How to Write About Africa

An intriguing article by Kenyan writer Binyavanga Wainaina, How to Write About Africa, appears in the latest issue of Granta magazine. Wainaina describes how Western writers stereotype his continent with politically correct language and images.

Some of Wainaina's observations are relevant to the South Pacific. For example, unless you want to be branded a redneck, you never use the words "primitive" (traditional) or "native" (islander). Samoan writers Albert Wendt and Sia Figiel have long decried the abuse of the "Pacific paradise" concept by the travel industry. A character in Figiel's novel Where We Once Belonged shouts, "Gauguin is dead! There is no paradise!"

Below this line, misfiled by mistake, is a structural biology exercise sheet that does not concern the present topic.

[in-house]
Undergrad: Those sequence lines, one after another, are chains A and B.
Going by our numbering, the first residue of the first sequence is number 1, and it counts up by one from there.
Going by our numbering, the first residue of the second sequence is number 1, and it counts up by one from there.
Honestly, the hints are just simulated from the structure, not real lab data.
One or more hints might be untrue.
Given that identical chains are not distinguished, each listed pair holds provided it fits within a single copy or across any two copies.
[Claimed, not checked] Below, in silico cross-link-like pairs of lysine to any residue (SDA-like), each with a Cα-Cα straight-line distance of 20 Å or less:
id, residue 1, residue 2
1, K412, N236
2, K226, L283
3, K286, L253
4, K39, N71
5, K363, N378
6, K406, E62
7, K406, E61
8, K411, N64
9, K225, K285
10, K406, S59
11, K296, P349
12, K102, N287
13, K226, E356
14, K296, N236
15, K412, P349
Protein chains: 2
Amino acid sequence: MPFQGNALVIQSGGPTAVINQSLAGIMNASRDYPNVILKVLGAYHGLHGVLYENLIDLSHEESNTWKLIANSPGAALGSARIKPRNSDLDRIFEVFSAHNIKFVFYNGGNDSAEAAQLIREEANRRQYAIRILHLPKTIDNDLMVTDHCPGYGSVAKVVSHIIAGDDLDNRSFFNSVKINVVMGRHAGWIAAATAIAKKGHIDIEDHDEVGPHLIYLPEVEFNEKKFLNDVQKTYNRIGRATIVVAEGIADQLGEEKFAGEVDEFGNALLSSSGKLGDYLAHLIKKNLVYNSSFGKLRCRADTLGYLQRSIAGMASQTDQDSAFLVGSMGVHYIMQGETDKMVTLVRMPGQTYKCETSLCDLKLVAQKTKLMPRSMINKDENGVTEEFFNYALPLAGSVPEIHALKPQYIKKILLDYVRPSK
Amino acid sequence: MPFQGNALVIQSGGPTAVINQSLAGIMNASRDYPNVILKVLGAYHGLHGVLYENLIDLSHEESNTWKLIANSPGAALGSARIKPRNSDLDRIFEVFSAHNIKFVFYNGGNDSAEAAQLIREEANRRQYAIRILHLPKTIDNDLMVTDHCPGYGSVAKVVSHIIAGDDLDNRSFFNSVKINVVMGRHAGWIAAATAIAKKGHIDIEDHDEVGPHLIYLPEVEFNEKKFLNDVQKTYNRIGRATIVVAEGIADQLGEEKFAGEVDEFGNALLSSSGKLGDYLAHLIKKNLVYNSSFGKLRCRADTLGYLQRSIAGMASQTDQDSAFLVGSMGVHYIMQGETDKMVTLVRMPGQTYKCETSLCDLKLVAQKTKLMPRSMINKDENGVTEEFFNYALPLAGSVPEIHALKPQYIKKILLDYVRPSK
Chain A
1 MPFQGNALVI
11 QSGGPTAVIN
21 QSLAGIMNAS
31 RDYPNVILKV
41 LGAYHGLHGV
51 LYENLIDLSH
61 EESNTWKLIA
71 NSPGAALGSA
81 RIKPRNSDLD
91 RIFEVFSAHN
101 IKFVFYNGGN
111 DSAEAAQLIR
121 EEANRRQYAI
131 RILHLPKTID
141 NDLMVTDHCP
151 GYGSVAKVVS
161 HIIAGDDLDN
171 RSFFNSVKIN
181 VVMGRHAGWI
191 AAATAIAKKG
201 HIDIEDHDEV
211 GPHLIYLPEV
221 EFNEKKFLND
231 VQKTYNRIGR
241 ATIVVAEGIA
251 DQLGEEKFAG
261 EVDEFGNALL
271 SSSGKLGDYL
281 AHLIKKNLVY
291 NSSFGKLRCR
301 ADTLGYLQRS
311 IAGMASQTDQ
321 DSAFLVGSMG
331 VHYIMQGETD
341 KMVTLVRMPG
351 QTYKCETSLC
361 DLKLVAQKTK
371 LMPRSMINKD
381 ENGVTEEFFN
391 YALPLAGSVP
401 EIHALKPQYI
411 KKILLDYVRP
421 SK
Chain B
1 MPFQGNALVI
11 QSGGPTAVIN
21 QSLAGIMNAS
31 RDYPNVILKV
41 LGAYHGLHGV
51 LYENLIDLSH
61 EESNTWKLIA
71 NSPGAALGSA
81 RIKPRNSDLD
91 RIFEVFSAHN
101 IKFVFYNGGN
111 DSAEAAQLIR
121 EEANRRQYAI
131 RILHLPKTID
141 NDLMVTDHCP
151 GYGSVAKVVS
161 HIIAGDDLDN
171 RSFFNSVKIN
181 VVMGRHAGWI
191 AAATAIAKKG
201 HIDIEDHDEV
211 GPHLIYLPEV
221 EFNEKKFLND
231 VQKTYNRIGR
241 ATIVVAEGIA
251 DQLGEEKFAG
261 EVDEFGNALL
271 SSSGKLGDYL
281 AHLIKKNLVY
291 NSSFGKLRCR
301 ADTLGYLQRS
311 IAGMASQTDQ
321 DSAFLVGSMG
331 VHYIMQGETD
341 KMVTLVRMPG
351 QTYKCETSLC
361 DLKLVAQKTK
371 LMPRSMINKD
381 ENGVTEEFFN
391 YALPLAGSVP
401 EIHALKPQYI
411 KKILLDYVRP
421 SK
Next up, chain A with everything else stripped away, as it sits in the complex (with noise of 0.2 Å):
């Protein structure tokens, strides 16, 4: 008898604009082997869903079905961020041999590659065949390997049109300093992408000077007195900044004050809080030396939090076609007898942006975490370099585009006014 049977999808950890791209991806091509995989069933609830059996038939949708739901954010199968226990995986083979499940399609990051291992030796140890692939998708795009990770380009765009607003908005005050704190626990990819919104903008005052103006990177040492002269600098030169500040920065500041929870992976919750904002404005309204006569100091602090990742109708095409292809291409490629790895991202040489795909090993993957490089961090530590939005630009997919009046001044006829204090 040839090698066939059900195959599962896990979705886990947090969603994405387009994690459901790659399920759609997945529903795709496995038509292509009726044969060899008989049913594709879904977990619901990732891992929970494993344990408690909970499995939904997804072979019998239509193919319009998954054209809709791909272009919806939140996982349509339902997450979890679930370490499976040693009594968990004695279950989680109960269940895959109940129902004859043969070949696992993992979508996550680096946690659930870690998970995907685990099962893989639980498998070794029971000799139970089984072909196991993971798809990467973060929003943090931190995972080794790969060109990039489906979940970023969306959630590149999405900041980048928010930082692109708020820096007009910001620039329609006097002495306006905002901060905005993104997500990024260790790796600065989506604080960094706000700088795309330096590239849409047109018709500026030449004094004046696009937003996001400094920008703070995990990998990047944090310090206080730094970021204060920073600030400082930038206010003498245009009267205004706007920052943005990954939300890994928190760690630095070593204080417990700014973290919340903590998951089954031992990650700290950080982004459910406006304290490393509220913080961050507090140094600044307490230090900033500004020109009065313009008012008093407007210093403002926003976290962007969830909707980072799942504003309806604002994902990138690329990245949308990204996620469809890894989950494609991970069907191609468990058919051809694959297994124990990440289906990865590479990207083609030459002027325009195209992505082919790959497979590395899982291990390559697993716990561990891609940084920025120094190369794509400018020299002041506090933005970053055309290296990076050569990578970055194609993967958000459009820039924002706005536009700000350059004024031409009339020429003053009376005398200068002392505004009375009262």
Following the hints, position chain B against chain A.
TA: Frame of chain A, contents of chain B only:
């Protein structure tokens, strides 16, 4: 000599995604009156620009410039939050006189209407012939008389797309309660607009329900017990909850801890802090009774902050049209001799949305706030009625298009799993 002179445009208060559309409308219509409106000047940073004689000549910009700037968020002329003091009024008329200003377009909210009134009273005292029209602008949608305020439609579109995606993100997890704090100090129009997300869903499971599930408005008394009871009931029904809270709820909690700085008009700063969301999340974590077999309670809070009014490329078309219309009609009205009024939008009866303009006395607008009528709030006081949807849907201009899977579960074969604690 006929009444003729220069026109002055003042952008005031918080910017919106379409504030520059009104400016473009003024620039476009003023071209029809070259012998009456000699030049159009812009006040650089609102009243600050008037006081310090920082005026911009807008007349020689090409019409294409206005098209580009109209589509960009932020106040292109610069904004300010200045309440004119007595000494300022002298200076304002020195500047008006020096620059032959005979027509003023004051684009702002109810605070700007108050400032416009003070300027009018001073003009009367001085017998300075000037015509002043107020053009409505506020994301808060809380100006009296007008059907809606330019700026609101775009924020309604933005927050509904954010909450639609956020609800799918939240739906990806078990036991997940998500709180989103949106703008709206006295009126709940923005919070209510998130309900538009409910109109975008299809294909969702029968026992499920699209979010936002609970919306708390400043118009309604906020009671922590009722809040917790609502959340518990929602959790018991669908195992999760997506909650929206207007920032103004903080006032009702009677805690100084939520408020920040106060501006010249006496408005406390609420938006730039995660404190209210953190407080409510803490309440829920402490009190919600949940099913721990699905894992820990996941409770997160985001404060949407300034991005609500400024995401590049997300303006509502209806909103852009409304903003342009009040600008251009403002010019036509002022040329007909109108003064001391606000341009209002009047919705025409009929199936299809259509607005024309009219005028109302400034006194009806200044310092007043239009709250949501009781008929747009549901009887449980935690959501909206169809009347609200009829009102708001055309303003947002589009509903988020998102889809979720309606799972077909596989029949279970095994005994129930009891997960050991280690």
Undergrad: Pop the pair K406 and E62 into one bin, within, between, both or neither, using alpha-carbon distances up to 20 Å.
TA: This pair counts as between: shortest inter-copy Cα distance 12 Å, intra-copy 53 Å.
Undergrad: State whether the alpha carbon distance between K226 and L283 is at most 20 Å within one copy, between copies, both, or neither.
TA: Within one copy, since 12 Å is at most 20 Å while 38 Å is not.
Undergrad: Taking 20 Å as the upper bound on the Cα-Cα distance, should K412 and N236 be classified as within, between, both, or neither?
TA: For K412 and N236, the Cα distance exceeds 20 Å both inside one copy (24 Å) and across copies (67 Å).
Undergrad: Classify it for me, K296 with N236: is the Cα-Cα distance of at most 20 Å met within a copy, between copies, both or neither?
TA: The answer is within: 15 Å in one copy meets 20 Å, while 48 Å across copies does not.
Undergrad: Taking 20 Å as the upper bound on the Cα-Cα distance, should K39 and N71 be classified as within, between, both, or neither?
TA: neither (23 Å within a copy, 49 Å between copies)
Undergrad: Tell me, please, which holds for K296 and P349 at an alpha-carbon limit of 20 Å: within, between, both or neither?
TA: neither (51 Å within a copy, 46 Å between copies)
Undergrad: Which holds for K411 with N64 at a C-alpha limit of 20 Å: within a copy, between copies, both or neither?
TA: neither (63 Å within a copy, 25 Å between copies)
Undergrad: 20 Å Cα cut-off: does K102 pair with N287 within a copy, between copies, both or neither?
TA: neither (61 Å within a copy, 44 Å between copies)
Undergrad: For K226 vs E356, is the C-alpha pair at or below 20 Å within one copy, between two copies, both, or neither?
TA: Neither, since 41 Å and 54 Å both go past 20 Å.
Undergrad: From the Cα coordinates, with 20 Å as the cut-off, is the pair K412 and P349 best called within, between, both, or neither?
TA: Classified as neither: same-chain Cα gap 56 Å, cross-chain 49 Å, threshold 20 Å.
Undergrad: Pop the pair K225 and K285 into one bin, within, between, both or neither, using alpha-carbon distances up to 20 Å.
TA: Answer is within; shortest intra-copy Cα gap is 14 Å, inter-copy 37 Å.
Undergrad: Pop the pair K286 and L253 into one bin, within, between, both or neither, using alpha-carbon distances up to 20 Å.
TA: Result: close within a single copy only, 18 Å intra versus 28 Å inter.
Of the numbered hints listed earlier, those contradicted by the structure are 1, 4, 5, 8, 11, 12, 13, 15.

I must admit, I too have used slogans like "live the dream" and "treasured islands" to market my guidebooks. But I learned long ago that the best approach is to try to see things through the eyes of the local people. The travel writer who does that will seldom go wrong.

Since posting the link above to Binyavanga Wainaina's article, I've received a few comments from my fellow authors. Ian Heydon had this to say:

Re writing about Africa - I'm also guilty of 'Pacific paradise' type writing, but that's where the writer has to become the travel agent - while I hate scribbling the 'swaying palms, white sand beaches, and clear azure waters' stuff, it is a necessary evil I'm afraid - mind you, I don't bend the truth in one-to-one emails (e.g. quality of Coral Coast beaches, Sonaisali being overated, snorkelling lousy in the lagoon in Vanuatu etc) and I think that honesty is one of our biggest selling points...

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